On the evening of September 23, 2003, Francis, a black South African man who was hosting a regional conference at a Pentecostal church, was accosted by four men who told him, “We want to kill you today.” They beat him severely and fled. Francis was taken by car to a local hospital where he was pronounced dead at 11:00 p.m. He was taken to the hospital morgue. Everyone at the church continued to pray for him, however, as did a handful of Christians who gathered around his body in the morgue. At 12:15 a.m., Francis began to breathe. Although his eyes and lips were swollen shut, he managed to croak out two words: “Forgive them.”
The next day, heeding Francis’s words, the church refused to press charges, even when one of the assailants was apprehended. The police were chagrined, convinced that this would encourage more crime. About the same time, the hospital called the church, asking someone to come pick up Francis immediately. His wounds had inexplicably healed completely. There was no longer any evidence of any trauma, so there was no reason for him to continue taking up space in the hospital. Francis went directly to the police station to make sure his attacker was released. The police denied his request, saying, “How do you forgive someone who has beaten you to death like this?” Finally, they complied. Francis hugged his assailant and told him God loved him. The man believed himself to be a murderer, but as a result of Francis’s kindness and forgiveness he converted to Christianity and became an active evangelist (pp. 252–253).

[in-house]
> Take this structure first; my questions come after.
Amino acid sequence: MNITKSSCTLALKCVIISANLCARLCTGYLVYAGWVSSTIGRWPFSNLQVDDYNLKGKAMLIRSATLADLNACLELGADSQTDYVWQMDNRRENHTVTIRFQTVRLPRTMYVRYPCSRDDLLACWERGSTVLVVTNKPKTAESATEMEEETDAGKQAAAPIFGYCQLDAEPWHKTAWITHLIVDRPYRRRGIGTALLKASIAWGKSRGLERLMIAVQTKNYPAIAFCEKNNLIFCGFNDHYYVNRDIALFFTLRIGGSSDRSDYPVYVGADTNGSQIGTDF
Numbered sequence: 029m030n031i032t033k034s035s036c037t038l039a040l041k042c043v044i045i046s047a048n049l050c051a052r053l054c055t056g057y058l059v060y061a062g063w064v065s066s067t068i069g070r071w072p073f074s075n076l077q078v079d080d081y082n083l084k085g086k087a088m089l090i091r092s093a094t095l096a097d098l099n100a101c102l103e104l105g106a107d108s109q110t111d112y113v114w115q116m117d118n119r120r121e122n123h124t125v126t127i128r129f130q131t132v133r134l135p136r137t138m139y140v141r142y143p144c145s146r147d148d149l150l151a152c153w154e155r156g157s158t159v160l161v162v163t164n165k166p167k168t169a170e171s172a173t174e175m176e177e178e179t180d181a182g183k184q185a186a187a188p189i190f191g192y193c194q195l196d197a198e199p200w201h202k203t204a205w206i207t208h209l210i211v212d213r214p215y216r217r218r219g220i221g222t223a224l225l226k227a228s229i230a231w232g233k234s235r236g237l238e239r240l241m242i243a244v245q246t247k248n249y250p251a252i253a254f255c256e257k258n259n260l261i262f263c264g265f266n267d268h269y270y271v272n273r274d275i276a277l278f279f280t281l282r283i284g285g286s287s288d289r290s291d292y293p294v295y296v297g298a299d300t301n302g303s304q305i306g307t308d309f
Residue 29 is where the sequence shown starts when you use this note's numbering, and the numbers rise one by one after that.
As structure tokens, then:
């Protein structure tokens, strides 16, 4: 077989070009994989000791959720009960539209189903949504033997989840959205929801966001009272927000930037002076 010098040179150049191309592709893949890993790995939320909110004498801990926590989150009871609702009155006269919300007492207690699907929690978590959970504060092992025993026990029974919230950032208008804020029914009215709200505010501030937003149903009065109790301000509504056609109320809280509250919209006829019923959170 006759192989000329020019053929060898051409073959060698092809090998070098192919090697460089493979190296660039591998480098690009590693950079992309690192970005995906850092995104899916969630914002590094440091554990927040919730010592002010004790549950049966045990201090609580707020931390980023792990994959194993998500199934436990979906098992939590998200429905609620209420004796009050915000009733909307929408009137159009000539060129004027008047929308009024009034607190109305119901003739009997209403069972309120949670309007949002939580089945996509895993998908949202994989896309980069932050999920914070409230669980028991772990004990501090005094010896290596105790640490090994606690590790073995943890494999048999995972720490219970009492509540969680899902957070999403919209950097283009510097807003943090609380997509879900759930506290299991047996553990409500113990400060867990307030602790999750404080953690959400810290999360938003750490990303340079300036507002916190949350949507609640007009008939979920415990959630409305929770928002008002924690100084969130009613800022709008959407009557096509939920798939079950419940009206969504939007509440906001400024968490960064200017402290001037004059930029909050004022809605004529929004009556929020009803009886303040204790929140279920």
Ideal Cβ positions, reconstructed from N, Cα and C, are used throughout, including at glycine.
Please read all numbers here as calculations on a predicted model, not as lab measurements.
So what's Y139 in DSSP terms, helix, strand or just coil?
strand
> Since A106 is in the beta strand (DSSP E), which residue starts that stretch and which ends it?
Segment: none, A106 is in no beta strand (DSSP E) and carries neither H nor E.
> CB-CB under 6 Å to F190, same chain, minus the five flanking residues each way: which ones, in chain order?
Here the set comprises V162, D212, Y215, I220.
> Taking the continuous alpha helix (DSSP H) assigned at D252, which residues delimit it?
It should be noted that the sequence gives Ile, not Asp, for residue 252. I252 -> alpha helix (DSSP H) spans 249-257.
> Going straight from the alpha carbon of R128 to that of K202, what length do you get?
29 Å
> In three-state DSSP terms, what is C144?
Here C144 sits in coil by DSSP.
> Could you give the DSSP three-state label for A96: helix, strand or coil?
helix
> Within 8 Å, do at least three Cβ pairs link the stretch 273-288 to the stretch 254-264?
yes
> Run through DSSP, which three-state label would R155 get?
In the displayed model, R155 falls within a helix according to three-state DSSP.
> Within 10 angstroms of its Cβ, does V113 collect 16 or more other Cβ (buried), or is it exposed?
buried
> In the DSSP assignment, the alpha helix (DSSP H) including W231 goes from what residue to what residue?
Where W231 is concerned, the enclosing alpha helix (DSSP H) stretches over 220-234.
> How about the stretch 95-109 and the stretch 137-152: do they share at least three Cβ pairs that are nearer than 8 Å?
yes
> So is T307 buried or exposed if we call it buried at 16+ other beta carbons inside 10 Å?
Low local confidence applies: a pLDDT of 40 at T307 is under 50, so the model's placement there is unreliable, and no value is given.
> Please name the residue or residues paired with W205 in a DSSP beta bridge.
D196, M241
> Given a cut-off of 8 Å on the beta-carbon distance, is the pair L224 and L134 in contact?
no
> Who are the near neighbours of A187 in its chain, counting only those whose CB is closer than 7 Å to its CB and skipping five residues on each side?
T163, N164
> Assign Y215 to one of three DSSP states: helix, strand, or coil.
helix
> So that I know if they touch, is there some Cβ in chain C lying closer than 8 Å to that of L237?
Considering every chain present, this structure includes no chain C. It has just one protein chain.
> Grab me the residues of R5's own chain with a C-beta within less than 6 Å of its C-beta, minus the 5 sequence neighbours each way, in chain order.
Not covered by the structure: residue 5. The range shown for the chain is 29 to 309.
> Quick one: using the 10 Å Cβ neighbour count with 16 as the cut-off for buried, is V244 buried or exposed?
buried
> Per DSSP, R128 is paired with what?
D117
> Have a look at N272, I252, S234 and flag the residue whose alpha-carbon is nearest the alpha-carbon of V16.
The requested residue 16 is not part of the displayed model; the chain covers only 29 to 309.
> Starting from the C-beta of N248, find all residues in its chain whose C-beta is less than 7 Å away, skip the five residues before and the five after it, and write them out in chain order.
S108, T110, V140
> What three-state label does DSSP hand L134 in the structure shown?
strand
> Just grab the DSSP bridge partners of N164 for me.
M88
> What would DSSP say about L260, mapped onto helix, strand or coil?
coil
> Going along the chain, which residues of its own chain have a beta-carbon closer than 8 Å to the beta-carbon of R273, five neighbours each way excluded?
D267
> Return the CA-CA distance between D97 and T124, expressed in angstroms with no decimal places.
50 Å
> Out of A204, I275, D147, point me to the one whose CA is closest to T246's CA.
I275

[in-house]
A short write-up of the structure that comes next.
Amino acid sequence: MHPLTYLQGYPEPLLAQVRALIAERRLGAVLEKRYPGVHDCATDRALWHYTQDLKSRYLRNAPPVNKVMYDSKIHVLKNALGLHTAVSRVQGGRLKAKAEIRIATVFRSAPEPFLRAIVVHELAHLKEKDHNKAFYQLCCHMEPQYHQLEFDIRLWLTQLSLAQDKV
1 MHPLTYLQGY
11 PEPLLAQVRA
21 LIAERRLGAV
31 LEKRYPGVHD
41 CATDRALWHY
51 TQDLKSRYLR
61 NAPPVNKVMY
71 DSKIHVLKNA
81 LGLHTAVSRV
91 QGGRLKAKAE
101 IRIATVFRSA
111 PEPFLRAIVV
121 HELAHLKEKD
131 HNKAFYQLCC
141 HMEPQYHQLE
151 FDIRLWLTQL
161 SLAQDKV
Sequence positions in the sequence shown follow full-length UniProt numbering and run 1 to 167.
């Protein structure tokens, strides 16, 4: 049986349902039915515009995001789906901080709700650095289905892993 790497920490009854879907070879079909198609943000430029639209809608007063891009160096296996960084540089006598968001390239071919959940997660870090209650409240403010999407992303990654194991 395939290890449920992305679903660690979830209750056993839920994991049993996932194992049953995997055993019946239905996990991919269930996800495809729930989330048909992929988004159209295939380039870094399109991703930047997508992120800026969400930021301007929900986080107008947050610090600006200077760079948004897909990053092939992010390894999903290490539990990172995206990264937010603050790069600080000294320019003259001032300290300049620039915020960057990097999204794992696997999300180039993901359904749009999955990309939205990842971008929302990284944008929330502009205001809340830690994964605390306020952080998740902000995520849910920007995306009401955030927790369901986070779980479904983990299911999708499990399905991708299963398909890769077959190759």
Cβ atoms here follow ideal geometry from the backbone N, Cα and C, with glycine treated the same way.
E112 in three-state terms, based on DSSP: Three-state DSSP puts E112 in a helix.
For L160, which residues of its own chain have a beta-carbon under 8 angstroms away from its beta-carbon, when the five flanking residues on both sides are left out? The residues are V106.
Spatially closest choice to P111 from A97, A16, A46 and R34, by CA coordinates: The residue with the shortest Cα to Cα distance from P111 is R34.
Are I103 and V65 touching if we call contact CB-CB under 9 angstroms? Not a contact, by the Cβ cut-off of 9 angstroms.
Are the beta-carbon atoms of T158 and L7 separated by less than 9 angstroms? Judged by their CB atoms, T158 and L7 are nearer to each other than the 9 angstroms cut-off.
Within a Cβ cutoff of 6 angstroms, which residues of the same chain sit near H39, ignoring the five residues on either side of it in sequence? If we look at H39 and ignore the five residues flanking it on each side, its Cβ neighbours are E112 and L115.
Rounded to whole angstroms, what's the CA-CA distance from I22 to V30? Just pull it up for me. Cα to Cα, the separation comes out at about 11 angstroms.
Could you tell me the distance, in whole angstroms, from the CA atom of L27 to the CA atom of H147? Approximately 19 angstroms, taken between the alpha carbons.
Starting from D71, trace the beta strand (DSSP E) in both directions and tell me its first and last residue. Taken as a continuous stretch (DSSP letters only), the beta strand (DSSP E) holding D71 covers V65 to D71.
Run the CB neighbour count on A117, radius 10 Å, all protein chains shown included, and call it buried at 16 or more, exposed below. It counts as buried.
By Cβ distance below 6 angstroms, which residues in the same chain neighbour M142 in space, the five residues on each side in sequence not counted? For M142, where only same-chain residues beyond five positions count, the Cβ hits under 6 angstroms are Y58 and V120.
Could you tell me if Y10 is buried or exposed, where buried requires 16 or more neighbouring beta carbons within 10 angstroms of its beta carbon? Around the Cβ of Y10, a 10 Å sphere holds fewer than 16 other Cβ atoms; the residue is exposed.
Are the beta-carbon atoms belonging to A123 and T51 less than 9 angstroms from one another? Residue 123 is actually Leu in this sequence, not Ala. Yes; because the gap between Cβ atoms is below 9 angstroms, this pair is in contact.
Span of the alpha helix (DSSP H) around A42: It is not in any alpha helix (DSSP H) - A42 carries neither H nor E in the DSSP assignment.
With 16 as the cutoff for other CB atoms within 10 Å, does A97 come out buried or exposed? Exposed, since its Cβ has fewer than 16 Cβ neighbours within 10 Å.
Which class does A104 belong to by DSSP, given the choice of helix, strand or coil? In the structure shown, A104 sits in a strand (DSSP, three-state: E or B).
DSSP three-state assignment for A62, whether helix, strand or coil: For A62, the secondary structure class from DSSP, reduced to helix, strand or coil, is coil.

In 1985, Mahesh Chavda, a healing evangelist, was holding services in Kinshasa, the capital of Zaire, as it was then called. An individual attending the ceremonies was Mulamba Manikai, a man whose six-year-old son had been pronounced dead at 4 a.m. The death certificate specified cerebral malaria as the cause of death. During the religious service, Chavda summoned Manikai and prayed for his son. The man then ran back to the hospital where his brother, Kuamba, had maintained a vigil. Kuamba reported, “It was midday. I was sitting there holding the body of my brother’s son in my arms. Suddenly, I felt his body move. Then he sneezed. He sat up in my arms and asked for something to eat.” Six years later he was still doing well (pp. 259–260).
These narratives are from Testing Prayer: Science and Healing, authored by Candy Gunther Brown (2012). Brown is Associate Professor in the Department of Religious Studies, and Adjunct Associate Professor in the American Studies Program, at Indiana University, Bloomington. Testing Prayer abounds with dramatic healings following prayer, which, Brown accurately states, is “brimming with surprising twists and turns” that keep a reader engaged. She’s not kidding. The healing narratives range from common ailments such as asthma to lethal diseases that disappear within hours or days. Included are individuals such as those above, who regain vital signs and return to normal life.
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